The DJI RoboMaster EP Core is the second ground-based robot from DJI with a focus on STEAM education in schools. Let’s take a look and review the EP Core to see if it’s the perfect robot for STEAM education and the modern classroom.
The RoboMaster EP Core is the second educational robot from DJI with a new robotic arm. The EP Core is identical to the original S1 when it comes to the brains and body and wheels with the only difference being the robotic arm. You can even hot-swap the robotic arm for the turret if you wanted to. Other than the new robotic arm, the DJI RoboMaster EP Core is only for schools and other educational institutions, a real bummer.
The build process
While building the EP Core, I noticed the instruction manual had been updated over the S1’s manual making a few of the steps easier to follow and understand. An example of this is the inclusion of the correct amount of lubricant need for the wheels.
The build process was great and was made easier as the car part of the RoboMaster is identical to the RoboMaster S1. Building the robotic arm was also easy to do with clear instructions. You can watch the full sped up build process below:
I’m not sure if the RoboMaster S1 I got my hands on a few weeks ago had a damaged battery door that didn’t seem to click in. This time around with the EP Core, there was no issue with the battery door, and clicked in and locked correctly.
To get the robotic arms working was a bit of a process, not sure if it was my fault or the app not picking up the arm. When I first turned the EP Core, the robotic arm wouldn’t show in the app, but the gripper claw did, which was a little odd as all the servos connect via the same cable. I had to disconnect and reconnect the cables a few times to get it to pick up the arm and was also required to calibrate it to get it working correctly. Once it was set up, it worked flawlessly as all DJI products do.
What makes it different?
The obvious difference with the EP Core RoboMaster over the S1 is the added robotic arm with a gripper on the end. The robotic arm is controlled by two servos, one that lifts it up and down and the other which moves it forward and backward. The RoboMaster EP Core also comes with a power unit that allows you to power devices with 3.3, 5, or 12 volts direct from the battery. It also comes with four data units allowing for third-party devices to be connected and controlled by the robot.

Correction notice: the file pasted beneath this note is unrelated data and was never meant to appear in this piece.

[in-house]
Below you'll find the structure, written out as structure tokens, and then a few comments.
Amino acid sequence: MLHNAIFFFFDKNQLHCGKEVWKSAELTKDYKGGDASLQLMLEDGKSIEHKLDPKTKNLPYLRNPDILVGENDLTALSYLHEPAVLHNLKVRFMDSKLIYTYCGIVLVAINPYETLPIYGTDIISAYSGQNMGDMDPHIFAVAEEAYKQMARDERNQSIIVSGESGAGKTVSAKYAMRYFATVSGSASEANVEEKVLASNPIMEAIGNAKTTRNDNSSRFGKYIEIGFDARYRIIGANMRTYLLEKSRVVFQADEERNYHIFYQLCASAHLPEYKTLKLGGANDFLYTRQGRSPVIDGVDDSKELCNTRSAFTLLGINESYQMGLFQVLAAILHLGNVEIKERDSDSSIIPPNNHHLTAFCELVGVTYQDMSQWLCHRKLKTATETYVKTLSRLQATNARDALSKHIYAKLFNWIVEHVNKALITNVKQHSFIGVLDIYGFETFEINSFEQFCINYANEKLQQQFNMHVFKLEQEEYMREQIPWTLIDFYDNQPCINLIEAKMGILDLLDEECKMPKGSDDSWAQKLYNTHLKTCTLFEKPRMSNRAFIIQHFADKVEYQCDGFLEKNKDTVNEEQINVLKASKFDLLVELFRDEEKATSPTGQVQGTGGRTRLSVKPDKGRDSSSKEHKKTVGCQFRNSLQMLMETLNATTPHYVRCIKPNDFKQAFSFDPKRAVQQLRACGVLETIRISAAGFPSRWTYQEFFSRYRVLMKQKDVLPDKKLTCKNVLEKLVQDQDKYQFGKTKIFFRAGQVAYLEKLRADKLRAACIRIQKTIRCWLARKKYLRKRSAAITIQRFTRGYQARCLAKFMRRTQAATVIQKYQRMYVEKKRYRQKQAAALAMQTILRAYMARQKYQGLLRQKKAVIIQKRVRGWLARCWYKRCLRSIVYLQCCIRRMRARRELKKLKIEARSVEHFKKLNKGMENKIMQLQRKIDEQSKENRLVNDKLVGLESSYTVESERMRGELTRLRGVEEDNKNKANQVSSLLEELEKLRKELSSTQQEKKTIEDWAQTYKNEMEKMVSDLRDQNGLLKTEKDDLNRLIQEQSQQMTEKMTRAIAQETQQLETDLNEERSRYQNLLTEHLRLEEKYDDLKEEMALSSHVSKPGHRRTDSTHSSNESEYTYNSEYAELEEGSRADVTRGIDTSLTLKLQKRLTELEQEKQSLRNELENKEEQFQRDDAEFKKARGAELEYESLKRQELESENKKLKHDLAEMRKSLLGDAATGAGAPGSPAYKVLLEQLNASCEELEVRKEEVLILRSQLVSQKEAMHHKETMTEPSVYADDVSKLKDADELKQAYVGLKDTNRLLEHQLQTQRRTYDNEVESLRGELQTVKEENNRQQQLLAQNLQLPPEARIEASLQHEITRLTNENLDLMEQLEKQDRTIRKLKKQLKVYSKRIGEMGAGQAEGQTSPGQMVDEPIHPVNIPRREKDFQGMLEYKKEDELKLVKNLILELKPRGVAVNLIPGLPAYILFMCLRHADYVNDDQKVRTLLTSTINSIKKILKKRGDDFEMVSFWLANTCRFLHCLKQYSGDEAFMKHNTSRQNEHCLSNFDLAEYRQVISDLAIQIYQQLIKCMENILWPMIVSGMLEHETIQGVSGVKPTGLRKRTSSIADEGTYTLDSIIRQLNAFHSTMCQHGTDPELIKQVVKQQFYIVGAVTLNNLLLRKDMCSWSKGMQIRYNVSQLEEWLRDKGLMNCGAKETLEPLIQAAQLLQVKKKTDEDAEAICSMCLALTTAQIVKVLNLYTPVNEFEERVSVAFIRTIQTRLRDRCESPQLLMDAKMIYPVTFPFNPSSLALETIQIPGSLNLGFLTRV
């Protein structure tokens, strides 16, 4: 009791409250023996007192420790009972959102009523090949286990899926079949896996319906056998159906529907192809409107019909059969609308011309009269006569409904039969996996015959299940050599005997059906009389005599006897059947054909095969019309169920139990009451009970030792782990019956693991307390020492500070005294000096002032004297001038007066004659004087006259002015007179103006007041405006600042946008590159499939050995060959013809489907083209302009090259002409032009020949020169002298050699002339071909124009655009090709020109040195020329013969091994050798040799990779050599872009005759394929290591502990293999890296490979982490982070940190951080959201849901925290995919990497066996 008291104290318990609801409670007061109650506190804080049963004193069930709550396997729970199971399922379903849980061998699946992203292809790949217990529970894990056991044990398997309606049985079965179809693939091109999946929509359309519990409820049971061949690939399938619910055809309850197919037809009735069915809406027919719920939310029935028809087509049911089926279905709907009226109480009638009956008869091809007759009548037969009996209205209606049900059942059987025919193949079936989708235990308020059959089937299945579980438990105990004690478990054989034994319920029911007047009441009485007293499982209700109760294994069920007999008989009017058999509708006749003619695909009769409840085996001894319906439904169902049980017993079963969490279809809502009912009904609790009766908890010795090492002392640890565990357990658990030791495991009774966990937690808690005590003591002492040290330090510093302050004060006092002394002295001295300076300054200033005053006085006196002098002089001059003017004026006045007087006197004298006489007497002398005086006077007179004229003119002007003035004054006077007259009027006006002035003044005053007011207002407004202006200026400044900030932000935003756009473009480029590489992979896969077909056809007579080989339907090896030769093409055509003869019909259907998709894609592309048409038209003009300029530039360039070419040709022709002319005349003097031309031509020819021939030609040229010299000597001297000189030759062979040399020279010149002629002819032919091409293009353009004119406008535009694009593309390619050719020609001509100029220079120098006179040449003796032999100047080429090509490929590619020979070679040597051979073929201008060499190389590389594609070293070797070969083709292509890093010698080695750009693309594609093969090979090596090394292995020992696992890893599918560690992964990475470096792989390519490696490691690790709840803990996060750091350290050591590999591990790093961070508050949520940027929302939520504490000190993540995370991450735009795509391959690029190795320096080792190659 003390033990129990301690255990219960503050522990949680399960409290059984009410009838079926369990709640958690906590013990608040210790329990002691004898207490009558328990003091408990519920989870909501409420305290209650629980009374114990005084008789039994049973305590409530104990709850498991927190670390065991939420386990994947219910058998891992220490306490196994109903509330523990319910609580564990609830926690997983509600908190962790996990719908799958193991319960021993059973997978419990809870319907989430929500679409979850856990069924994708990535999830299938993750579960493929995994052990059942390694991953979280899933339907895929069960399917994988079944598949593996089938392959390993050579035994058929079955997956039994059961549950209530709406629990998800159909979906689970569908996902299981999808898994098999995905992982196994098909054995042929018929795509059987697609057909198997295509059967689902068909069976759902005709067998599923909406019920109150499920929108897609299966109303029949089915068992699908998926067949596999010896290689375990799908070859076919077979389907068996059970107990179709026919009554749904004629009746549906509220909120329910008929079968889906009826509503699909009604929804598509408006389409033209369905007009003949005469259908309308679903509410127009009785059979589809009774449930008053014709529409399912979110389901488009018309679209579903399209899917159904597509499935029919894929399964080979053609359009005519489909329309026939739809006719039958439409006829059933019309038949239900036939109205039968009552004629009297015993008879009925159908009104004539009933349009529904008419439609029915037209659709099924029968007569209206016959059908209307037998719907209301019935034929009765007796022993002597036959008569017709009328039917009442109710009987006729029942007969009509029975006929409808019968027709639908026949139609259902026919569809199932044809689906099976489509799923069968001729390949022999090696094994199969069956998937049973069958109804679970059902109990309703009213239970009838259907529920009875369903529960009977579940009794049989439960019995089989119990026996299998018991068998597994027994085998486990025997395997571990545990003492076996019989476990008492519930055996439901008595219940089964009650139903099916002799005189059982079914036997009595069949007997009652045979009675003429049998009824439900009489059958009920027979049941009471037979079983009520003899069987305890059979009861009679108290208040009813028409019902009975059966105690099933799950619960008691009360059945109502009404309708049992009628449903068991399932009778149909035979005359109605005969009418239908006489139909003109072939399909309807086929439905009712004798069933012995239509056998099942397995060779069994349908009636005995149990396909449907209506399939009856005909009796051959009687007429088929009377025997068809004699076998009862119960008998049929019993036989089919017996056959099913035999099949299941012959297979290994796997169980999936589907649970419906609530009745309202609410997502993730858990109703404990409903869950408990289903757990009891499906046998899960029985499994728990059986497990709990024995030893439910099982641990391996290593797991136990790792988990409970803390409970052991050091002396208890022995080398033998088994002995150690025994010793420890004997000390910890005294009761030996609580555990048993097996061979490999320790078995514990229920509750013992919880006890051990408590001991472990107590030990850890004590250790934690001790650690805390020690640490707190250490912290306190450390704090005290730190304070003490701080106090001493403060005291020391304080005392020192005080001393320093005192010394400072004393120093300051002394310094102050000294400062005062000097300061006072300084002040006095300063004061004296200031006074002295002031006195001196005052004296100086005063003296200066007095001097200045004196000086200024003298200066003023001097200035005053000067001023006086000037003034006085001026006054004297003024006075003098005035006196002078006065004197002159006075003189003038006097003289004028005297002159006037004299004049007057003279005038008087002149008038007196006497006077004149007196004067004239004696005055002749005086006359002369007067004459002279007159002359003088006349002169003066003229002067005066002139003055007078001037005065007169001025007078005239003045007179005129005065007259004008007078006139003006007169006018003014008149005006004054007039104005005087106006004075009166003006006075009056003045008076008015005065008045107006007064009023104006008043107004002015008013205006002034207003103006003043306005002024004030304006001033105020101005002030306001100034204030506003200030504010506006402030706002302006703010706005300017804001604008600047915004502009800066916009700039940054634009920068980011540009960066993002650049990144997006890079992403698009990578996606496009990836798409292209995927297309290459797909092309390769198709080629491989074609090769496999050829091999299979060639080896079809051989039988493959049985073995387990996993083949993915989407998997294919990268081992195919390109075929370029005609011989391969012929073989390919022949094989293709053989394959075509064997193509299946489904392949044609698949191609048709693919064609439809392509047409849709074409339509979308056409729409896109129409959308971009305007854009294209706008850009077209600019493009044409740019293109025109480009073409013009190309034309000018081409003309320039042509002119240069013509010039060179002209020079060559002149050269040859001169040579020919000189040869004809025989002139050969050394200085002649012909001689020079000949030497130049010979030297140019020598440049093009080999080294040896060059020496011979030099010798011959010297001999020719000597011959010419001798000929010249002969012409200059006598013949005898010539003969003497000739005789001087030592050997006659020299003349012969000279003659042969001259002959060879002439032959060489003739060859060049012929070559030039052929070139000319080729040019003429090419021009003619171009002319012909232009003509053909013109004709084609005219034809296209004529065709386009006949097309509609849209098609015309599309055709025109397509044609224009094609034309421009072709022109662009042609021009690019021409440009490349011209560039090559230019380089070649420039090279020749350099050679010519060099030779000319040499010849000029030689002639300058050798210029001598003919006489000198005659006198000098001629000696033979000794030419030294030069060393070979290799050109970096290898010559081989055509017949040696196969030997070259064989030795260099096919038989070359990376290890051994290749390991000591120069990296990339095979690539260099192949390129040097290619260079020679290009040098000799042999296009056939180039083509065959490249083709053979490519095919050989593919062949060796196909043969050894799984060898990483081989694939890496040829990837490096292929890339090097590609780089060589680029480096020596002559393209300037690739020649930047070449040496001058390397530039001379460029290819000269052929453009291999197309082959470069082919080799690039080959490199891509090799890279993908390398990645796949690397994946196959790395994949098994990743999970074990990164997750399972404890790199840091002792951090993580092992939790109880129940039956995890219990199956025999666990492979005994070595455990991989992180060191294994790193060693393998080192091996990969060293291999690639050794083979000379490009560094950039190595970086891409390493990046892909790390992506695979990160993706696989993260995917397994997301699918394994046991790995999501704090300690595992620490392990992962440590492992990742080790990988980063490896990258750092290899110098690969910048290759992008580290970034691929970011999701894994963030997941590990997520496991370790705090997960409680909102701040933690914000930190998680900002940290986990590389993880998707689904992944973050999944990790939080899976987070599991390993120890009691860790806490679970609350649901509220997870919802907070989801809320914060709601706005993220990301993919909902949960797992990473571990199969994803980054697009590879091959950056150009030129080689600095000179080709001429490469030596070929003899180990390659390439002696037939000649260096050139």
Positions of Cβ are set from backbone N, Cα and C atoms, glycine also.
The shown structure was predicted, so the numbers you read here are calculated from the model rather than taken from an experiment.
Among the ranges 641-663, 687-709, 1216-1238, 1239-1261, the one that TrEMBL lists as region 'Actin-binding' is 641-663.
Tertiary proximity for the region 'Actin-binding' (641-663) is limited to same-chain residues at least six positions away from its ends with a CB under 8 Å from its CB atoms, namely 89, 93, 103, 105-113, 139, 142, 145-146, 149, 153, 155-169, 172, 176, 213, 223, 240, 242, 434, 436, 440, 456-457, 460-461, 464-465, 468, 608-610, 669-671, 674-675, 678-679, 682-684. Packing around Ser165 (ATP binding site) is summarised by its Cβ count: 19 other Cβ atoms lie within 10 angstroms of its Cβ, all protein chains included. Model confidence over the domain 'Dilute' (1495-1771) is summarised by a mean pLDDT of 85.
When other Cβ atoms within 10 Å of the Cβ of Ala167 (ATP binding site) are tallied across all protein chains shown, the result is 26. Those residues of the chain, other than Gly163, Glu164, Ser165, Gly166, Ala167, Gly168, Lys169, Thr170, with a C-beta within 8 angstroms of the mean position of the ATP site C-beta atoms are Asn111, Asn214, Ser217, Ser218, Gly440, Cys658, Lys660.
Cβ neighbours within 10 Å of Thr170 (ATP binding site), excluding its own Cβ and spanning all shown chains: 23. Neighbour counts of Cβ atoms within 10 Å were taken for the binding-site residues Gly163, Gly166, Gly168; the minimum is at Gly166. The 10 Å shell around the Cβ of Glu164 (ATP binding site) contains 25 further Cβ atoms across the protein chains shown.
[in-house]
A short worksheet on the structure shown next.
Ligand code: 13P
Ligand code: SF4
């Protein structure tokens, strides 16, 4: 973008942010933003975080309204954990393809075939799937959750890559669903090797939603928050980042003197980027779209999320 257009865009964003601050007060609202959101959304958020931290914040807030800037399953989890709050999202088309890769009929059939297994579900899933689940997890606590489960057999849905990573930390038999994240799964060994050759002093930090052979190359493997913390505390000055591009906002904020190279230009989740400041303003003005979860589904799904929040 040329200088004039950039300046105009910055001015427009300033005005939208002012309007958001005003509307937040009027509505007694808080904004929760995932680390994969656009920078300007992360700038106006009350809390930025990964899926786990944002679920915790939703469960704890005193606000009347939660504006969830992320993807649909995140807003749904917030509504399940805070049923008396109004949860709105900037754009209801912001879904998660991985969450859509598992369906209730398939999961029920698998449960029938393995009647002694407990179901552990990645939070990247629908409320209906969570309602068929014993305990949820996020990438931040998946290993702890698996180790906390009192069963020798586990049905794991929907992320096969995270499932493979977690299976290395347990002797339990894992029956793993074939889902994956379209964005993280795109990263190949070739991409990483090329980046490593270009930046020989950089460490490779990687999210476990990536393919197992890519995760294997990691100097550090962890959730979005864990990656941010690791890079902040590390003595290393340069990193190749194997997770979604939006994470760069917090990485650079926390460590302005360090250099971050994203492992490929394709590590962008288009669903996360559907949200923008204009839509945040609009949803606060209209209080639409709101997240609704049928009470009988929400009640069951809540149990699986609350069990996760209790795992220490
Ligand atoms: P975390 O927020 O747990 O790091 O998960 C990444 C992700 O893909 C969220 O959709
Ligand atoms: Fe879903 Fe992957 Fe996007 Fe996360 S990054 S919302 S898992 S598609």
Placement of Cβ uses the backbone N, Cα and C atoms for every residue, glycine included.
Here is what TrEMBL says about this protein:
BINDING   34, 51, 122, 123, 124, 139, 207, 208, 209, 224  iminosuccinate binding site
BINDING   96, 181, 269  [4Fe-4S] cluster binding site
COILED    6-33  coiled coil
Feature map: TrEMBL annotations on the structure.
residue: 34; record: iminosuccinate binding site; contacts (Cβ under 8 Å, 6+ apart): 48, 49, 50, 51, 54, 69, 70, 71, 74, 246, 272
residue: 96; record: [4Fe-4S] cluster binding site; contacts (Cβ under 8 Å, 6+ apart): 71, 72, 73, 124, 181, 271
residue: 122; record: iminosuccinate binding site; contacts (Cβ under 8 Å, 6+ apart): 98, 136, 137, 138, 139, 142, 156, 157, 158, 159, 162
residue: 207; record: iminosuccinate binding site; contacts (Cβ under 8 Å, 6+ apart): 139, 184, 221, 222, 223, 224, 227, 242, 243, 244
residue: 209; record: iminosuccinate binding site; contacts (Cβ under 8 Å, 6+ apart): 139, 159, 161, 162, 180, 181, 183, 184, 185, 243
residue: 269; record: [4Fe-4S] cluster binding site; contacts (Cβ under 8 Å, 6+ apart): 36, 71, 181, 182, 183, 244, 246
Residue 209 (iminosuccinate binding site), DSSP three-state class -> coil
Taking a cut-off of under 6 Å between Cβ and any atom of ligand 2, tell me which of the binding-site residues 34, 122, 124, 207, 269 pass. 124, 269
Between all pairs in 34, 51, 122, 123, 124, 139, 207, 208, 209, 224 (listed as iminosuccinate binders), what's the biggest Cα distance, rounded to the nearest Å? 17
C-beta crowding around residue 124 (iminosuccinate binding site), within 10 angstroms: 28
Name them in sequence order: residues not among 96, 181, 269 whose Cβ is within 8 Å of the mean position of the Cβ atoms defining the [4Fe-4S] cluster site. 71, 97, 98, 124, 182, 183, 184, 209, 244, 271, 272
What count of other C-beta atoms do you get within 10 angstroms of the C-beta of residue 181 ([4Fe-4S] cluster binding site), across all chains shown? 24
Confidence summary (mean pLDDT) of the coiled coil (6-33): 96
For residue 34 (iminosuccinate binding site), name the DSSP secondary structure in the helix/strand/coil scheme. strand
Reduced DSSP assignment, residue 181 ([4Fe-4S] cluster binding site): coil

The robotic arm in action
Controlling the arm is very easy to do. In the RoboMaster app controls show up on the screen to control the arm and gripper. You simply slide two sliders and allows you to move the arm forward or backward as well as up and down. Another slider is used to open and close the gripper. If you are wanting to carry objects around with the arm, you have to turn on weight mode, which activates the servos, and stops the arm from lowering from the weight of the object.
Coding the robot
As it is an educational robot, the EP Core can be controlled using Scratch right in the app as well as Python. The robot can also be connected to a computer to be coded as well. You can also control the accessories connected to the analog module to get the RoboMaster doing exactly what you want it to. It also comes with an infrared distance sensor to give the robot object avoidance.
The RoboMaster EP Core is another great educational robot from DJI. A few changes made with the EP Core from the S1 makes it even better than before. It’s great to see DJI working hard on creating education products that work well and do what they say they will.
The robotic arm is a cool way for students to code and see a physical result in doing so. The only thing is that the general public can’t buy the EP Core.
The RoboMaster EP Core is available to educational institutes via DJI’s website. The exact price of the robot isn’t shown on the website and is given to you once you work out an order with DJI.
Thanks to DJI for sending out the RoboMaster EP Core for review purposes.